JIRON, EDITH MAE; DSW

                         COLUMBIA UNIVERSITY, 1989

                         SOCIAL WORK (0452); HEALTH SCIENCES, MENTAL HEALTH (0347)

                         This research explored the social network structures and support needs of two clinically defined crisis
                         populations--phone-ins to a community mental health center's crisis line, and walk-ins to several hospital
                         psychiatric emergency rooms--and the mediating power of their social networks in expediting or delaying
                         usage of crisis services. The data were derived from a questionnaire and interview of 75 phone-ins and
                         75 walk-ins assessing: (1) the structural characteristics of their social networks (e.g. size, density); (2) the
                         characteristics of their component linkages (e.g. accessibility, reciprocity, multidimensionality); and (3)
                         the normative context of their relationships (e.g. kin, friends, work acquaintances). The process by which
                         an individual develops, nurtures, and uses supportive ties within the context of a crisis experience was
                         examined, and the relationships between contact type (walk-ins, phone-ins) and the network and
                         demographic variables were evaluated to determine if particular network processes and needs were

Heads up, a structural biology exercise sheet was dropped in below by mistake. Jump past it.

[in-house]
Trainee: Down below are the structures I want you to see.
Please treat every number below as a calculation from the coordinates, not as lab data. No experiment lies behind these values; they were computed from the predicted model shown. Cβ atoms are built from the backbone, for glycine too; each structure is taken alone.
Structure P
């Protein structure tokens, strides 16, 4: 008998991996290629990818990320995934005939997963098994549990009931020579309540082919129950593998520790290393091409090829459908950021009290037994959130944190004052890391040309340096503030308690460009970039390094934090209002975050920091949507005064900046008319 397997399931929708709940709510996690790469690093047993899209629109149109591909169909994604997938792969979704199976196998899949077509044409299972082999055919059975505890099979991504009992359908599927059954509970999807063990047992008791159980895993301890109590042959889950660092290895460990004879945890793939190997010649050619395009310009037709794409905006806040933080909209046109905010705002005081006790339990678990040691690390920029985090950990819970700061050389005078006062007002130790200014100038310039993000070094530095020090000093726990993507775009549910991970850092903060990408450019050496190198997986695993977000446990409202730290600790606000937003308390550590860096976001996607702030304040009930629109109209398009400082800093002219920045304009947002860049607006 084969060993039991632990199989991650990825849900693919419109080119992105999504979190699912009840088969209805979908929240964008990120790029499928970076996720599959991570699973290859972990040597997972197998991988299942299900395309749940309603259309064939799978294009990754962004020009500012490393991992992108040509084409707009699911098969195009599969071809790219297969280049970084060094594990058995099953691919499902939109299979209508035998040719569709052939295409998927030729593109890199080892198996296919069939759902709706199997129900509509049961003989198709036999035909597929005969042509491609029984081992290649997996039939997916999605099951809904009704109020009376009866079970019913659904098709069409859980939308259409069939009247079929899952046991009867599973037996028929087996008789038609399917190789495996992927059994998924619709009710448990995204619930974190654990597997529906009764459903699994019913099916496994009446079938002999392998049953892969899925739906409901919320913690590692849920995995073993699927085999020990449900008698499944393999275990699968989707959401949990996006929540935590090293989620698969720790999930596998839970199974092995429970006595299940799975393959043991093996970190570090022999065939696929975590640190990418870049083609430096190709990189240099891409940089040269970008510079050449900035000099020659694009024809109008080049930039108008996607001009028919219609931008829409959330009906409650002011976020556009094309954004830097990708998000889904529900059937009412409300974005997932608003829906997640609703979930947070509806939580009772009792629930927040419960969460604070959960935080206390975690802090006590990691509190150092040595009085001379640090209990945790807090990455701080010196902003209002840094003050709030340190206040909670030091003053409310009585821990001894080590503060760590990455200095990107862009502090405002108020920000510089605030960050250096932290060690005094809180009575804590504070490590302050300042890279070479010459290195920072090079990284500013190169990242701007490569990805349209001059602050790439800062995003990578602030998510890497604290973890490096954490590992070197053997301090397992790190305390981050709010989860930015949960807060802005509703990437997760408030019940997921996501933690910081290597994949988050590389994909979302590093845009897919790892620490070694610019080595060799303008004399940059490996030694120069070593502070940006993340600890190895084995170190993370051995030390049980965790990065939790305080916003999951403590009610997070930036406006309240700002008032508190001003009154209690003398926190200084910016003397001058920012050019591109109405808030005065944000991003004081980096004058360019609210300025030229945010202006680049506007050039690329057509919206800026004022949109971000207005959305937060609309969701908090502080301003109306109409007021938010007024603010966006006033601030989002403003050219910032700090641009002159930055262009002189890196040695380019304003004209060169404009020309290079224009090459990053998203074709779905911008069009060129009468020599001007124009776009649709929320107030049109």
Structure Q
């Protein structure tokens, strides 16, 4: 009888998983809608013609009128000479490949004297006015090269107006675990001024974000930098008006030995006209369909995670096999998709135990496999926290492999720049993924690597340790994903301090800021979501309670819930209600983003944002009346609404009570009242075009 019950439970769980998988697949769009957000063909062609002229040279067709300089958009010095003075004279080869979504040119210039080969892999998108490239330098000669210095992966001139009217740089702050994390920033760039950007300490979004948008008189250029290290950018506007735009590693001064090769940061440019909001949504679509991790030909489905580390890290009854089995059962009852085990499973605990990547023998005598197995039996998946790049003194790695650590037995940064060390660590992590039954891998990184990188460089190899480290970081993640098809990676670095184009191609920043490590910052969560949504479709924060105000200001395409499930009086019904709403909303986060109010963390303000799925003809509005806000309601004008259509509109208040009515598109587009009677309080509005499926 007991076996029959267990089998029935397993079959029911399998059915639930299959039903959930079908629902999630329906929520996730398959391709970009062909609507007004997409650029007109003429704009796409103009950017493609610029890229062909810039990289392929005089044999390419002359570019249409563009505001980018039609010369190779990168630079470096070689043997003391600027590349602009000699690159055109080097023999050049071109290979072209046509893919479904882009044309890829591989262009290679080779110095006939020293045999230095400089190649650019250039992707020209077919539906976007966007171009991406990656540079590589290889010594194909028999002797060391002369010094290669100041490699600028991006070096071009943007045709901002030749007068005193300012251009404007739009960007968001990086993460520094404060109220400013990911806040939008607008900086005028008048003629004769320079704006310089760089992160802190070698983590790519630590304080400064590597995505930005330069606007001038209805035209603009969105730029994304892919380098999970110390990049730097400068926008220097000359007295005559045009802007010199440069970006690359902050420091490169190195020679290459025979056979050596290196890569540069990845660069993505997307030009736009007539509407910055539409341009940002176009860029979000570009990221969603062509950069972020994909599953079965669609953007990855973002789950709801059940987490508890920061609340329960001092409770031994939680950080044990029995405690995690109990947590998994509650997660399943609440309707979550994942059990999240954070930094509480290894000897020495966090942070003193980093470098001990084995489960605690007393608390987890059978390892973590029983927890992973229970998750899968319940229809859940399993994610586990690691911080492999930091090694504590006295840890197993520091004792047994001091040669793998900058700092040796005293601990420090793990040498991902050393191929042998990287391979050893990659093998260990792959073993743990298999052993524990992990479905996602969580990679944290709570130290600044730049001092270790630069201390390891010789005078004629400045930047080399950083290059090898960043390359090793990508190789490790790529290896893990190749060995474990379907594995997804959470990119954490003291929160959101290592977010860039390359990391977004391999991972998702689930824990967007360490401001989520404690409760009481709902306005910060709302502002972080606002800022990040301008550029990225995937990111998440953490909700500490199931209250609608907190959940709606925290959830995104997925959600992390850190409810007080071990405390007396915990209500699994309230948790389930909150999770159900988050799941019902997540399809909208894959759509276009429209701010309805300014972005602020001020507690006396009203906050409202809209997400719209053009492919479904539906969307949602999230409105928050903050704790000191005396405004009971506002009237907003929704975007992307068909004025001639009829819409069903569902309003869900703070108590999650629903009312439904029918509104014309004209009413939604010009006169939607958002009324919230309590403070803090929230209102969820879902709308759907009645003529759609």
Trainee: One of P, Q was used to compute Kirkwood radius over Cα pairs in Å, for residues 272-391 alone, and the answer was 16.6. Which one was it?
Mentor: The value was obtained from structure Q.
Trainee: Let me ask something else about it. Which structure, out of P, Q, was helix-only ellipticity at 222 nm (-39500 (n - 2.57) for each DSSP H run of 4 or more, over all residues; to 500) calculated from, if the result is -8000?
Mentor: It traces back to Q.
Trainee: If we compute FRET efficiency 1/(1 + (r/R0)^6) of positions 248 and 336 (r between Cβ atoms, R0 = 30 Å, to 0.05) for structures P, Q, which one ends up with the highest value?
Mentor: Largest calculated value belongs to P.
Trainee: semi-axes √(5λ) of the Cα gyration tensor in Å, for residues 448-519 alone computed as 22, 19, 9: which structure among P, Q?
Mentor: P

associated with either crisis population. The major findings indicate that people in crisis have similar social
                         network structures and support needs. They are generally dissatisfied with the influence of their present
                         social networks and express a desire to better the supportive provisions of their networks through
                         improved accessibility, reciprocity, and homogeneity in their relationships. Family members played a
                         significant role in the social network structures of people in crisis, with over 50 percent of all confidants
                         named being kin. Men preferred to relate to their own sex more than women but women contacted their
                         confidants more often than men. Race was by far the most common social attribute shared with
                         confidants, and homogeneity in social attributes was found to play an important role in network usage.
                         High quality support was defined in terms of accessibility. Emotional support was found to be the
                         supportive function most often provided by confidants. The quality of emotional support varied from
                         highly supportive to extremely disappointing, with both groups expressing a need for improved network
                         relations. The implications of this study suggest that intervention approaches such as network therapy,
                         or social systems therapy, might improve existing networks of people in crisis and reduce and possibly
                         prevent future crisis incidents.


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